NOAA 99-R525
FOR IMMEDIATE RELEASE
Contact: Erica Van Coverden
9/3/99

HURRICANE DENNIS YIELDS MORE THAN LONGEVITY, NOAA HURRICANE SCIENTISTS SAY

Hurricane Dennis might be the storm that just won't go away, but it has proven to be a fertile testing ground for new measurement technology. The result? Improved observations and forecasts of sea-level winds in hurricanes, say hurricane forecasters at the National Oceanic and Atmospheric Administration

NOAA's Hurricane Research Division (HRD) and Aircraft Operations Center successfully transmitted sea-level wind measurements on Aug. 29 from Hurricane Dennis, using an experimental instrument aboard NOAA's P-3 "hurricane hunter" aircraft.

The measurements were incorporated into HRD's real-time hurricane wind analysis system, combined with conventional winds from buoys, ships, Global Positioning System dropwindsondes, and satellite cloud tracking to determine the storm's wind field. Forecasters at the National Hurricane Center then used the wind field as guidance to distribute warnings of gale force winds (40 mph or higher) over coastal North and South Carolina.

"What this new set of data provides is continuous measurement of wind speed over a large area," says NOAA hurricane wind field expert Mark Powell. "Based on successful comparison to the observations such as buoys and coastal weather stations, the data from the new instrument was accepted by the HRD analysis system, in real-time and used by the National Hurricane Center."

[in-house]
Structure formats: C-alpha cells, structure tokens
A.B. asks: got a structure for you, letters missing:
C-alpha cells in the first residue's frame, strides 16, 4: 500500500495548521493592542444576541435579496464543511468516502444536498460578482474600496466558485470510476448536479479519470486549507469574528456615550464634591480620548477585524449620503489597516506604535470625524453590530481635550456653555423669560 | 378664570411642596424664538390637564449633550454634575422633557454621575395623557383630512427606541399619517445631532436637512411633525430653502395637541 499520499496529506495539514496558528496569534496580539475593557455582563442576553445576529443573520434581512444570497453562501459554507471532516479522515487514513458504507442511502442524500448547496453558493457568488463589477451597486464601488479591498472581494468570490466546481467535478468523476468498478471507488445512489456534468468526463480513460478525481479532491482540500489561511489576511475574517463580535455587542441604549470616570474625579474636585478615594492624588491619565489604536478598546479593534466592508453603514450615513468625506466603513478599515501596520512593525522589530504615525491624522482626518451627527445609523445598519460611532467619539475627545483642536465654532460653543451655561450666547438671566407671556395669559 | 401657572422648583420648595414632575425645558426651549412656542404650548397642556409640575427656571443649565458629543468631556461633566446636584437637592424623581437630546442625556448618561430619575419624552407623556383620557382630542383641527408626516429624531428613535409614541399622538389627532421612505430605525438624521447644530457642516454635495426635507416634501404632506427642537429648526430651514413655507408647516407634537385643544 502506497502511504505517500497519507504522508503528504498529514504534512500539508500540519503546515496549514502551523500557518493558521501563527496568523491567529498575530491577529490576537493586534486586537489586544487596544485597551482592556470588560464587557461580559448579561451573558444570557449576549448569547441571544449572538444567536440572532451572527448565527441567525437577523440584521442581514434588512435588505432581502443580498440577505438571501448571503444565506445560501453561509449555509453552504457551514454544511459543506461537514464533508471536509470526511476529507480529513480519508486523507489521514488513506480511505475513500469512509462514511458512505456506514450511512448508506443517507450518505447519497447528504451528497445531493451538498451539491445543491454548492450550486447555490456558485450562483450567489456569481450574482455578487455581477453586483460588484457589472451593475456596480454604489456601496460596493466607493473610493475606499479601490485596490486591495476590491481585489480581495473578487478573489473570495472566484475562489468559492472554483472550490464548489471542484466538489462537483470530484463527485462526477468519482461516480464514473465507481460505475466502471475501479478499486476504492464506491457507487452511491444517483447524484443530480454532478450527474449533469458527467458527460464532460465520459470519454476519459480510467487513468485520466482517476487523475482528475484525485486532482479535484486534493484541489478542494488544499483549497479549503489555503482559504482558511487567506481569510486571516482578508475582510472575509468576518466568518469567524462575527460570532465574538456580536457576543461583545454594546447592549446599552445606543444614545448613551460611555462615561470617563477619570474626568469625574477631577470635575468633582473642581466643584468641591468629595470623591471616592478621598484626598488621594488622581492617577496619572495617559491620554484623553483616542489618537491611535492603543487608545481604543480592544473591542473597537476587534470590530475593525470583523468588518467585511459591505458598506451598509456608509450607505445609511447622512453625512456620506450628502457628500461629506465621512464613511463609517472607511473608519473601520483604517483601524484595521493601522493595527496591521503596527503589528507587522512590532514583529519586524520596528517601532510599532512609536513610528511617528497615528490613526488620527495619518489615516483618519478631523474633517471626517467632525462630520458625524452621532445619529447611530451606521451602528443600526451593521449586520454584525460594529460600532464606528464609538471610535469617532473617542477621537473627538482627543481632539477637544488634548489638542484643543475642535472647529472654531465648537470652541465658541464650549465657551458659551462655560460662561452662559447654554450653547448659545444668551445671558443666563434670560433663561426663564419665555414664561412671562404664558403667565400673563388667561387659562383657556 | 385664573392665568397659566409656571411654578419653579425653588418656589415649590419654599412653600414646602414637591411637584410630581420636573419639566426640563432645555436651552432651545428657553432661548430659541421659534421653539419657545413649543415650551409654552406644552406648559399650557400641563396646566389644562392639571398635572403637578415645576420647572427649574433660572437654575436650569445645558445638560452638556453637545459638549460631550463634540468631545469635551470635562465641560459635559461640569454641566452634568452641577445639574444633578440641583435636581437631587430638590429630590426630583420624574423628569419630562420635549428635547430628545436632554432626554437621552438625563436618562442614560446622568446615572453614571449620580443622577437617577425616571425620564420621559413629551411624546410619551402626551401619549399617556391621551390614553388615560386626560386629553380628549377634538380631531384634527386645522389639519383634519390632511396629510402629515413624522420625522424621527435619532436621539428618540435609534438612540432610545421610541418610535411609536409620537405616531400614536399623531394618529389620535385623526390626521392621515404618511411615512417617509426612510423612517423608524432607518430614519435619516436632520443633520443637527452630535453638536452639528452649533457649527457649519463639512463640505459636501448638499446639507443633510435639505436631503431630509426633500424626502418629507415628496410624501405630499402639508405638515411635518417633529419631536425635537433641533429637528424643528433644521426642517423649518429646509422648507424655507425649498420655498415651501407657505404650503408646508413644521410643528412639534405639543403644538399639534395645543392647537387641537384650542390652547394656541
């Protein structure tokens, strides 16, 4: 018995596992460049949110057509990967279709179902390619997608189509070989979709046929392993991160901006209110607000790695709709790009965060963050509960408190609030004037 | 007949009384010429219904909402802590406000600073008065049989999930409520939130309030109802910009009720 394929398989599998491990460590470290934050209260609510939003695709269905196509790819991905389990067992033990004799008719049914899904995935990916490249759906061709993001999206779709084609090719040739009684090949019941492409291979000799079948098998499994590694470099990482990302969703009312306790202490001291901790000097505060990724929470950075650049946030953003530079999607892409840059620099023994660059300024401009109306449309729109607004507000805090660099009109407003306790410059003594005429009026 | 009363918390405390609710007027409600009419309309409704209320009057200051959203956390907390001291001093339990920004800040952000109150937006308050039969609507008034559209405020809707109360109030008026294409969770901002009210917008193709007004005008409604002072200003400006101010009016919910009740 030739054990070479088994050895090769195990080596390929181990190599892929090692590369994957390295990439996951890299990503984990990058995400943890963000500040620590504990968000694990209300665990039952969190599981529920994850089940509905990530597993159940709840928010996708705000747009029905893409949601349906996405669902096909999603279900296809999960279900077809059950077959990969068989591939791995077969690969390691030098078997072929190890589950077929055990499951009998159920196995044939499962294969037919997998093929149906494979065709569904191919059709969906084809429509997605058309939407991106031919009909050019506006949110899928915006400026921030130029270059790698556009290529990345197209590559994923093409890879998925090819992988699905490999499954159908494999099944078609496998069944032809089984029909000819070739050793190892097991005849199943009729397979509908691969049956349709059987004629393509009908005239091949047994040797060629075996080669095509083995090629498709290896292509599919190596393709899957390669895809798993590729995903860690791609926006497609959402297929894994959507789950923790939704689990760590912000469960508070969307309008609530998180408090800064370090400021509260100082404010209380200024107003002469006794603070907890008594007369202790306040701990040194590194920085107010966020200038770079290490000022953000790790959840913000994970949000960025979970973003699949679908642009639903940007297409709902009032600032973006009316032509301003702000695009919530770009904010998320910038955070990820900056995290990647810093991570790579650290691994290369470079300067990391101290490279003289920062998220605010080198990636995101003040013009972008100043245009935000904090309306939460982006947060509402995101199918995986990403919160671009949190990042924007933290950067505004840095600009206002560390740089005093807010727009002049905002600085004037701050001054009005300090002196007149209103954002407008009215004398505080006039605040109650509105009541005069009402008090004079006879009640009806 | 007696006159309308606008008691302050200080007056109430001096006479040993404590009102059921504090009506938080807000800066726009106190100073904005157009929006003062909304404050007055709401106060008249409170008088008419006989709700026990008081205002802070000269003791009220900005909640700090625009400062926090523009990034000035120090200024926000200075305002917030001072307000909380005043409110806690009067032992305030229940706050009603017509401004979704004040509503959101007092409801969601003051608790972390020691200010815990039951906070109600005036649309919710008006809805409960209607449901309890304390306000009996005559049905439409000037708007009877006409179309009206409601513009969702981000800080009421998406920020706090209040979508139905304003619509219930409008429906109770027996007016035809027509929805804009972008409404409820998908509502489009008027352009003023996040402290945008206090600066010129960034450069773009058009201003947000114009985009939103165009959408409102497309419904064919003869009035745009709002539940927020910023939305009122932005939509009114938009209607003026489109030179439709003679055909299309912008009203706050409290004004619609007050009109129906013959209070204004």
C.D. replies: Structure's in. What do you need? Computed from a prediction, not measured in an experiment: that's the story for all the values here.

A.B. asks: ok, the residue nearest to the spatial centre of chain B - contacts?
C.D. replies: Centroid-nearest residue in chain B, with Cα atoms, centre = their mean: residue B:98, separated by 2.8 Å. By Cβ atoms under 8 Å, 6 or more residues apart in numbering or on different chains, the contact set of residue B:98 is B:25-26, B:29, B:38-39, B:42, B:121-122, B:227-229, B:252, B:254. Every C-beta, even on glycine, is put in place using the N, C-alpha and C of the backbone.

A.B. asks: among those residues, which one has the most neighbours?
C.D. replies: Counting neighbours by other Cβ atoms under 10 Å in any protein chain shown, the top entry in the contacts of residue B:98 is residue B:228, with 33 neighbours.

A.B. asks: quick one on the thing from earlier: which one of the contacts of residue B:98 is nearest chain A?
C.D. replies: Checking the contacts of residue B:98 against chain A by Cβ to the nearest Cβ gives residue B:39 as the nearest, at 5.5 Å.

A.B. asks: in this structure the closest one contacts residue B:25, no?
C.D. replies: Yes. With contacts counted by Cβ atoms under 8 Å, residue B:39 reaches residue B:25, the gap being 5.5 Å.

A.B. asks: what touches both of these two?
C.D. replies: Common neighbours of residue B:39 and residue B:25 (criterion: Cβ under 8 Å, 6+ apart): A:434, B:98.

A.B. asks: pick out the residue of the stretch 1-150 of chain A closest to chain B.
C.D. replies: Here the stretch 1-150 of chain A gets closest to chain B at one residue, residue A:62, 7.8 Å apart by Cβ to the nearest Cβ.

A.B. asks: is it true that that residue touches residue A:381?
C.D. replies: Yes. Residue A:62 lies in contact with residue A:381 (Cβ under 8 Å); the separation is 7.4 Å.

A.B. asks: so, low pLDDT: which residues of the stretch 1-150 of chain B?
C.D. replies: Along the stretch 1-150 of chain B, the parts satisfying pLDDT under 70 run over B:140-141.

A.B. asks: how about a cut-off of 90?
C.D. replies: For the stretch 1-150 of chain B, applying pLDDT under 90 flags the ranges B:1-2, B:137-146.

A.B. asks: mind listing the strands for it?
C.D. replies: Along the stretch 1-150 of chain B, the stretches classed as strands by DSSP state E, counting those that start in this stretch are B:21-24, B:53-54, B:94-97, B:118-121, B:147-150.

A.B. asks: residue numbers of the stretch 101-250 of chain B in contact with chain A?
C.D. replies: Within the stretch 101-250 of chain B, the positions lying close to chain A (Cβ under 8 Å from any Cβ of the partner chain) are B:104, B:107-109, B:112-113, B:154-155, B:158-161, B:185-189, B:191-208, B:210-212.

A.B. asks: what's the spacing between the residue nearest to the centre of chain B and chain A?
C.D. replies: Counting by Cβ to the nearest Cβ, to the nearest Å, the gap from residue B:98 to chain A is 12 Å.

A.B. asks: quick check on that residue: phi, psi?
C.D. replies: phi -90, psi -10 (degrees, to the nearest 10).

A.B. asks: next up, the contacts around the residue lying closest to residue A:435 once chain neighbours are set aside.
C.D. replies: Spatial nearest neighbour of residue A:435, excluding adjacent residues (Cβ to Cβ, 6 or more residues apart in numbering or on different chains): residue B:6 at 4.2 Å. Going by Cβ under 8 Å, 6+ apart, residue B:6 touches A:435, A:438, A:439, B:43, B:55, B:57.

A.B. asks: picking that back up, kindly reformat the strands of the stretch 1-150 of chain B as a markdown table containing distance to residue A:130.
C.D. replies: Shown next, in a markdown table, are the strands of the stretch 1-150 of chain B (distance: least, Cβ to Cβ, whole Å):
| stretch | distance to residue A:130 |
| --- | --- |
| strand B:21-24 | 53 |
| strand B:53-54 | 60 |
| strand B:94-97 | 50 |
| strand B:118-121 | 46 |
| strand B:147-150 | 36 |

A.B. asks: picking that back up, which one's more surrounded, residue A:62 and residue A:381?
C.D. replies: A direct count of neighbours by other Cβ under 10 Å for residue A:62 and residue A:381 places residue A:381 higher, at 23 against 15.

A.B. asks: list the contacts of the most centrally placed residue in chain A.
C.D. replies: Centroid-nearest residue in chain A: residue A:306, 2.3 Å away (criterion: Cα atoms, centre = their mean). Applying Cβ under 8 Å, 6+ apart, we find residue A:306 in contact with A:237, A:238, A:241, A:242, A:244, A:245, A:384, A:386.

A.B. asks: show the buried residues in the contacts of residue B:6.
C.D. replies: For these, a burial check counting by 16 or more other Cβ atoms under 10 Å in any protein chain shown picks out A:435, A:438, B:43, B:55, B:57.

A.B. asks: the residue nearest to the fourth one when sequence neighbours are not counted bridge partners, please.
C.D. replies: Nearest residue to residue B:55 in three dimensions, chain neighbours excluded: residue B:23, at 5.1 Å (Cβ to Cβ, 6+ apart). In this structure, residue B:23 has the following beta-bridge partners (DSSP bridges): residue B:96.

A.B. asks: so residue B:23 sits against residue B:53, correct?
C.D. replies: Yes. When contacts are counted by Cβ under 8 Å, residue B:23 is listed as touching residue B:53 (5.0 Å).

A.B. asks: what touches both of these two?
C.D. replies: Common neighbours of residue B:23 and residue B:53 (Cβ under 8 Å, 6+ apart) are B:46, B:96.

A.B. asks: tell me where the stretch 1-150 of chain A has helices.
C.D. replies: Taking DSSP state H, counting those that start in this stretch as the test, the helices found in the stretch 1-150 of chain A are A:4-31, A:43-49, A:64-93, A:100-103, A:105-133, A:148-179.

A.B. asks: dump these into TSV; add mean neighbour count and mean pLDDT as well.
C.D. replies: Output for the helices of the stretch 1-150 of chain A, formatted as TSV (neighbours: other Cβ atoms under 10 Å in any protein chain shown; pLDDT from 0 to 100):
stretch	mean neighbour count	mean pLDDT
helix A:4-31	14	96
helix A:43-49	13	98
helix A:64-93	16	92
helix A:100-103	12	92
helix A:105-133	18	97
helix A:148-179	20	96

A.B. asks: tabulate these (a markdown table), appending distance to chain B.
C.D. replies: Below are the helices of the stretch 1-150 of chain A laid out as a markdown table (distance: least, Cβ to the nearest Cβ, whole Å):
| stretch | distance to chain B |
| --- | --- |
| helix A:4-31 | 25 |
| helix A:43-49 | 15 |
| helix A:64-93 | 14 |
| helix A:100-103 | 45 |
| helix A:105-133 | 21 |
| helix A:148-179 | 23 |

The technology in this experiment features a stepped frequency microwave radiometer (SFMR), a sensor built by the University of Massachusetts and Quadrant Engineering in Amherst, Mass., which is currently flown aboard a NOAA hurricane hunter aircraft. The SFMR measures the signal returned by the ocean surface beneath the aircraft as it is churned up by hurricane winds. This technology has been in use for research purposes for a number of years, but has never been available in real-time for forecasting.

The measurements from the SFMR provide a critical addition to existing tools for wind speed measurements, said Powell. Dropwindsondes deployed from aircraft flying through and around a hurricane have been instrumental in providing point observations within a storm, sending information every half second.

Winds measured at flight level (about 10,000 ft.) by the U.S. Air Force and NOAA hurricane reconnaissance aircraft are used in atmospheric models to estimate surface winds. Estimating wind speeds from that altitude have resulted in as much as 20 percent uncertainty. By incorporating the SFMR wind speeds, scientists hope to reduce that uncertainty to provide more accurate forecasts for coastal communities.

"The SFMR gives us much more complete storm coverage at the surface than the sondes, and at a fraction of the cost," said Peter Black, the HRD scientist who helped develop the SFMR. "Eventually, we hope to see this instrument on all hurricane hunter aircraft."

The Hurricane Research Division is located at the Atlantic Oceanographic and Meteorological Laboratory in Miami, Fla. It is one of NOAA's 12 environmental research laboratories across the nation.

NOAA's mission is to predict and describe changes in the Earth's environment and to conserve and manage wisely the nation's coastal and marine resources.